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Weapcmjor Vidoru 



aUMV TALX& la • riuailied official publiiuitiAi of the Untied Smu* Sxe^ !■ tb I . 
lliMit^ af OpCEMbiBi. Tlie mAtetial canlauteii hcrdn may jkK be quoted or 1 1 imMlahi il^ !■ 
wlwh ar Id p*i^ HOT laay it be commimlcatcd, directly Ar lodirectlr) to jii i »iioi ml onlfcii in il 
t« (Wcliw to, except by authority of tlic ComnuiMtl^ Gcaenl, KTOUSA. 




AG 353 MGC " - " ■ ■,- ■ ." 2j Augiiii, 1943 

SUBJECT : E4h»cation in Mllittry «Bd Curwnt Afls:»i • 


TO : Comnuaidbg Ccncca], V Cteps 

!• In [he ttaiaing of the American soldier ihi purely miiitary and technical aspects 
>ir Dsuallj stressed. It is ess«i«kl, howfver, that in aJJkifliij lim soWier bit mentally 
pftpared for battle. He mvst kaow nod undentBiifi the vial neccssicy for the suc£c!;sfiil 
conchitfcm of the war. <: 

' , 1,' 

2. To udtt in accoTnpIishiaB'thls end, it ii desired dot you csiablidi nidun th<: 
cikments of your oonunaod a weody Educadan n'pgram to in^ud in all militaiT pcrsonBcl 
tbf following : 

a, CortftdcQcc in the commitnd, 

b. Fride ia service and a 5cii$« of pcTHmal participatiotL 
«. Knowledge of the causes and pnfresi of the war. 
d. A better undcKtindldg of ottr ilBc!. 

;. An interest in carrent crena tad thnr retatioa ts the trar and the cstablisbinenT 
of thiC peace. 

3. To farther th«e end?, each ae pttt a ie nttit commasdcr will arrange to have matters 
of current interest ■» (feMgnared in pangraph ac^ cf sod a atmve, and matters of leadership 
and confidcflo: ia the coouruud as indicated m fHntrwh ^ arid b above, difcus^cd 
periodically within his cocmnand. &ui^ dfecu^sioo atuull be by company commanders 
peiscinaUy or by selected Offioera and NCO's from the command as deemed best by 
the unit comtnand'fi'. It ii> desired to make it clear that the proper presentation 
of tbi» iXMterial is- a commajid function, and should be handled as such. You 
«re auili«rise4 t*d«viM9 om^i) kour wi tntiniaf ttaae per week t* this pntgram. 

4. The ^cial Sfn*e Scc^ioa, SOS. ETOUSA, »ill ^enrc and distribute the 
material for such veeklf ctisc^tajont, mainlaining in their djacremn ■ reuoBahte balance 
between the significance and progress trf military events and current events, reladon's 
with our allies, etc. This maieriSl will be dated arid deitf ^-red suftidently in advaiu^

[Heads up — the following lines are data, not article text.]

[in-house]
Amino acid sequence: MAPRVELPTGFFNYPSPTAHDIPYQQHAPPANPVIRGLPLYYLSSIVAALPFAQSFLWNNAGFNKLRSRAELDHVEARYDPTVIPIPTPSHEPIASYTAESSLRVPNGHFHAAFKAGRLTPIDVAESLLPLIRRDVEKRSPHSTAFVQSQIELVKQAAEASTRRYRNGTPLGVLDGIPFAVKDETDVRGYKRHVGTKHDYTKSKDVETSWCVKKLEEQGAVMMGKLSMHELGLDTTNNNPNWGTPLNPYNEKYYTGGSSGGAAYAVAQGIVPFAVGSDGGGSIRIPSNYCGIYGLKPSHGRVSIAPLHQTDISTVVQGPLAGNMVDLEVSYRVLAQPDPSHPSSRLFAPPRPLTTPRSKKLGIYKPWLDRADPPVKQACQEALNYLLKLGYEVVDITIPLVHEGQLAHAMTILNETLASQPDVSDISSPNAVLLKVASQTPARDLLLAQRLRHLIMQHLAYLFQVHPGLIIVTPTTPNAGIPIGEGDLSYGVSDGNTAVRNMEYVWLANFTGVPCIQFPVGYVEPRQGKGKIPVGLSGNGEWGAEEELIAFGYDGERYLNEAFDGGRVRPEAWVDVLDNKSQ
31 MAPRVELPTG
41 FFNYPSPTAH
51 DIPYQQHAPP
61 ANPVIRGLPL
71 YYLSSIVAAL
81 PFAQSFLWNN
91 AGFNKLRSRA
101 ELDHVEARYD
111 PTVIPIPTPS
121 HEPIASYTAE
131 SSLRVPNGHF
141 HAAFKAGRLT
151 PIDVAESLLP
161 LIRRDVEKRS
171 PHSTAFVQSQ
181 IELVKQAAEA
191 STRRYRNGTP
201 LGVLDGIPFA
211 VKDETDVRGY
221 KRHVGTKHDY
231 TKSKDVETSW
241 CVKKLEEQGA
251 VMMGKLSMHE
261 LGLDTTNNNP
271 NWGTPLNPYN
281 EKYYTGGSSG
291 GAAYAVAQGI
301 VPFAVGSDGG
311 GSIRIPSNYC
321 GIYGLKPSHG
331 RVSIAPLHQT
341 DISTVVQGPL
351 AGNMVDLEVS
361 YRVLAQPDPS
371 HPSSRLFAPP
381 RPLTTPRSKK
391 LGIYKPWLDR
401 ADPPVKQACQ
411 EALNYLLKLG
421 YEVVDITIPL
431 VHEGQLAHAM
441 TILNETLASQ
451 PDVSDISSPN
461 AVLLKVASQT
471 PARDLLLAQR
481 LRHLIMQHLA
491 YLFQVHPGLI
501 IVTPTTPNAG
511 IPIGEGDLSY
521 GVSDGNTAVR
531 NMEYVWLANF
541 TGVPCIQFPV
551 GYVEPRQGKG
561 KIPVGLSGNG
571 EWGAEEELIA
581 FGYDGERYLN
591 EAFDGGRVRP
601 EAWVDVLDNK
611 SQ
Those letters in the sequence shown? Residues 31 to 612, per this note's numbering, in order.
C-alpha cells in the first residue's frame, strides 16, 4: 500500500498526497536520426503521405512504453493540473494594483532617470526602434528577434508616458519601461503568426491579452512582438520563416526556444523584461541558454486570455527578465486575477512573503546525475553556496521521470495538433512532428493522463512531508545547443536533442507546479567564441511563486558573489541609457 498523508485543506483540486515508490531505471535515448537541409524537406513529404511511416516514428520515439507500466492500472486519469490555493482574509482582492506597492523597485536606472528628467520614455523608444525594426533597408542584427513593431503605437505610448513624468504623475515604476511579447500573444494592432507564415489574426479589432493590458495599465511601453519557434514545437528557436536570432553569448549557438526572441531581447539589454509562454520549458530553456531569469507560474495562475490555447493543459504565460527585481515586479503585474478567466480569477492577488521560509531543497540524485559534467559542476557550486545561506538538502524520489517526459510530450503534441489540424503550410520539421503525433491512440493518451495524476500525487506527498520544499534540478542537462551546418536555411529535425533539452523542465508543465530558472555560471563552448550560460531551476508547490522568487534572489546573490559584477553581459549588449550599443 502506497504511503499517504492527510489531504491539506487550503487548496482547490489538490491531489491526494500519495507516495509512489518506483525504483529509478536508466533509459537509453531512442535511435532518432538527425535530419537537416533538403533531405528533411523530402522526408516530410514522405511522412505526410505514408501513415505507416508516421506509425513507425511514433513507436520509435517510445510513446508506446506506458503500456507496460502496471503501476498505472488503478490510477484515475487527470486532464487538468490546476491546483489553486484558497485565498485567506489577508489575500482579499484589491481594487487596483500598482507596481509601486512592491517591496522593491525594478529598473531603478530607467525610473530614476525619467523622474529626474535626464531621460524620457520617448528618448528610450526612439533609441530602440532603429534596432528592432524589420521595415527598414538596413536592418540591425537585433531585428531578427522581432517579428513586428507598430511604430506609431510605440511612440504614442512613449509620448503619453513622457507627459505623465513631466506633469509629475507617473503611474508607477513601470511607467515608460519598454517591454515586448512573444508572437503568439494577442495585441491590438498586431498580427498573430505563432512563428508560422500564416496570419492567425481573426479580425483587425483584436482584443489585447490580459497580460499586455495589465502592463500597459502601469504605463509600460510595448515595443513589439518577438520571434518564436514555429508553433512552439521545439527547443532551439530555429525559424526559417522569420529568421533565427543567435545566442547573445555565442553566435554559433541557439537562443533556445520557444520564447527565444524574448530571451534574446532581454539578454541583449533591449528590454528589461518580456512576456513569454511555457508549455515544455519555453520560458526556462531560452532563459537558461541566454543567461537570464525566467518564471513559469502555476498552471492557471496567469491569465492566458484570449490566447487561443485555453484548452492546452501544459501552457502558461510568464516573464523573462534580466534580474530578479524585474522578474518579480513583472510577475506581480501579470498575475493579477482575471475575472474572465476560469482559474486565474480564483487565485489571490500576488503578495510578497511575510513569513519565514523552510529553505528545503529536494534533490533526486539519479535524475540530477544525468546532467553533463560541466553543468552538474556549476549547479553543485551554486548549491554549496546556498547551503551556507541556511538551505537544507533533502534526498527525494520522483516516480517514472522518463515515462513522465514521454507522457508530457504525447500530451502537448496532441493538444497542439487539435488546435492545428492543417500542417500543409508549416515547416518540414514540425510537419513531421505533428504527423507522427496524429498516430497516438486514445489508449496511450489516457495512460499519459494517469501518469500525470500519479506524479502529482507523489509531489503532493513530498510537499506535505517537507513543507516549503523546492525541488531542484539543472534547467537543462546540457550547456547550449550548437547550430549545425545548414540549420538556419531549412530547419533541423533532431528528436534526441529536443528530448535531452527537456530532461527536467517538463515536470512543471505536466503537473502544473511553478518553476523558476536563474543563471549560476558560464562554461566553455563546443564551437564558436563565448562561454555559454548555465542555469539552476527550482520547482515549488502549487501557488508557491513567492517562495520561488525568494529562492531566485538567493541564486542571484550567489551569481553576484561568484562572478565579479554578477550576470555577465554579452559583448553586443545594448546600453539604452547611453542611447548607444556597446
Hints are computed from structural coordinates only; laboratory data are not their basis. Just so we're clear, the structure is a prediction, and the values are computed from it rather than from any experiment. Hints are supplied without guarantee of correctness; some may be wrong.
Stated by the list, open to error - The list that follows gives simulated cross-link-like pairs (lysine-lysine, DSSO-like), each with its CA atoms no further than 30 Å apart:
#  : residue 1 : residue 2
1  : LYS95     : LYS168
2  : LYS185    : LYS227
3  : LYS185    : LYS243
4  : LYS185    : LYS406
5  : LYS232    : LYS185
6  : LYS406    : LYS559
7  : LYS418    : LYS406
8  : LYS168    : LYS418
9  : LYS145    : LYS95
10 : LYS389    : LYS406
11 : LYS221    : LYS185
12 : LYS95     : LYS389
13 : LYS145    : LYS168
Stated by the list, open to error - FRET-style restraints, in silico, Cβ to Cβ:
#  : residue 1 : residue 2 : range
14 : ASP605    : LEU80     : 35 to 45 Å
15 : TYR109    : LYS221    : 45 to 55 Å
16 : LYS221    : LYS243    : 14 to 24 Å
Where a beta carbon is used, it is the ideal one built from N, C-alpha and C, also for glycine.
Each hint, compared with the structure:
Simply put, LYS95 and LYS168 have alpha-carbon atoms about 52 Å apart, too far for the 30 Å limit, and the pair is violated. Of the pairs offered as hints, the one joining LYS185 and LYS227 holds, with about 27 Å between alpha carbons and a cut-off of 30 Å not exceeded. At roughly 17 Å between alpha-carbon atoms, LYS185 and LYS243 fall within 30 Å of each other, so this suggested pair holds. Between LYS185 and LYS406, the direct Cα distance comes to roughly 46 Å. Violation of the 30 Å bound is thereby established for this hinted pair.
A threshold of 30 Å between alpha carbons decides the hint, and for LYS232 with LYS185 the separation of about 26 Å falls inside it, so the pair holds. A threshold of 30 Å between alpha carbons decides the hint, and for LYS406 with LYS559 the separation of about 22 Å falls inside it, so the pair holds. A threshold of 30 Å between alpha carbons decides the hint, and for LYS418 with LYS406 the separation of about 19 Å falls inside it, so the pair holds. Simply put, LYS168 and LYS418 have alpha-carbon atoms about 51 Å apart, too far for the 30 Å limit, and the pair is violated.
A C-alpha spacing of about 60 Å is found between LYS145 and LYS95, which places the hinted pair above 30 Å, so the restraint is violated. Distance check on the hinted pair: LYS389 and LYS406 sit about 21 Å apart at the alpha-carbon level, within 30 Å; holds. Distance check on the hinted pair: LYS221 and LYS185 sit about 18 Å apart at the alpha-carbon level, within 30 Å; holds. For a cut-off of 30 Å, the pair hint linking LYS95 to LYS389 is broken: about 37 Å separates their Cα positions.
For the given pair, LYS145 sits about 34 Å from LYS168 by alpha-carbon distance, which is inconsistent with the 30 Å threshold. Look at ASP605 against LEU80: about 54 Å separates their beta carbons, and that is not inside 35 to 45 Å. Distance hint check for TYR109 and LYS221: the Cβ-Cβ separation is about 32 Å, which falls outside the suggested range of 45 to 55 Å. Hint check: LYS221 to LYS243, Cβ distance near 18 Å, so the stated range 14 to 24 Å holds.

for consideration by the staffs concerned at kast two days before tiltiinatc u*e. -^ ■ 

5. Direct cotninunicatiDn between your headquarters and Special Service Section, 
SOS, ETOUSA, is authorized in conducung this prcfgiam. 

6. In order w maki; the plan effective it will be necessary to provide and ttain an 
Education Officer of suitable rank in youciieadquarter&, and in each of your subordinate 
headquarters dotvn to and inctudiog divisjotis. 

By command of Lieutenant GciKial DE\'ERS: 

Lt. ColOTd, A/}.fe^ ■ 
Assistam Ac^idant Ceiiei^. 

It it t«gg&ttd tittt at$ distmsim yackr^aM tjhu aautv a* Om mtmmm iff hu 




l.K^D-L.KA!«iM. WKAPO!* F«il VliTOHV 

"CL'PK>SE my tieighlwr's house 
iJ catches fire, and I have a 
length of gardets hose four or five 
hundred feet away. If he can take 
my garden hose and coniifCl it gp 
with his hydraiH, I may help him 
put out the fire. 

"Now what do I do? I don't 
say to him liefore that opefiiiion, 
' Neighbor, my g;iirden hose cost 
me ?!>■>; you have to pay me $15 
for it," ^ 

The President Warns 

The President ijf the United 
Stales was talking to the reporters. 
It wJts Decwnl>er 17, 1940. At 
the lime he spoke, the most terrible 
conflag^ration the world had ever 
seen was already raging. It h;td 
irtarted in 193 1 with a small Rre in 
Manchuria that seemed far away 
and of no great concern to the rest 
of the world. Then in 1937, the 
fire of Japanese agression broke out 
again with new fury. 

As the vorld crisis steadily 
deepened in the 'thirties we were 
raced even more clearly with the 
brutal fact that 
there were 
three nations in 
the world deter- 
in i n e d on 
With the benefit 
of hindsight, we 
Americans can 
now see, of 
course, that had 

Thh isfue of ANJUY TALKS ftnvi^tf 
of an CTCt^f ff&rrt the book^ Lfnd" 
Lratr. fFtapOH fot Vittarj, by 
Edward R, Stfttinius, Jr., first Ltnd' 
Leoie adtninhlTaiar and now Undtr- 
Secrttury of Slafu in Washington. It 
rfcscribrj haw the United Stales realised 
thai danger thrcaimtd, and ofthe ntpi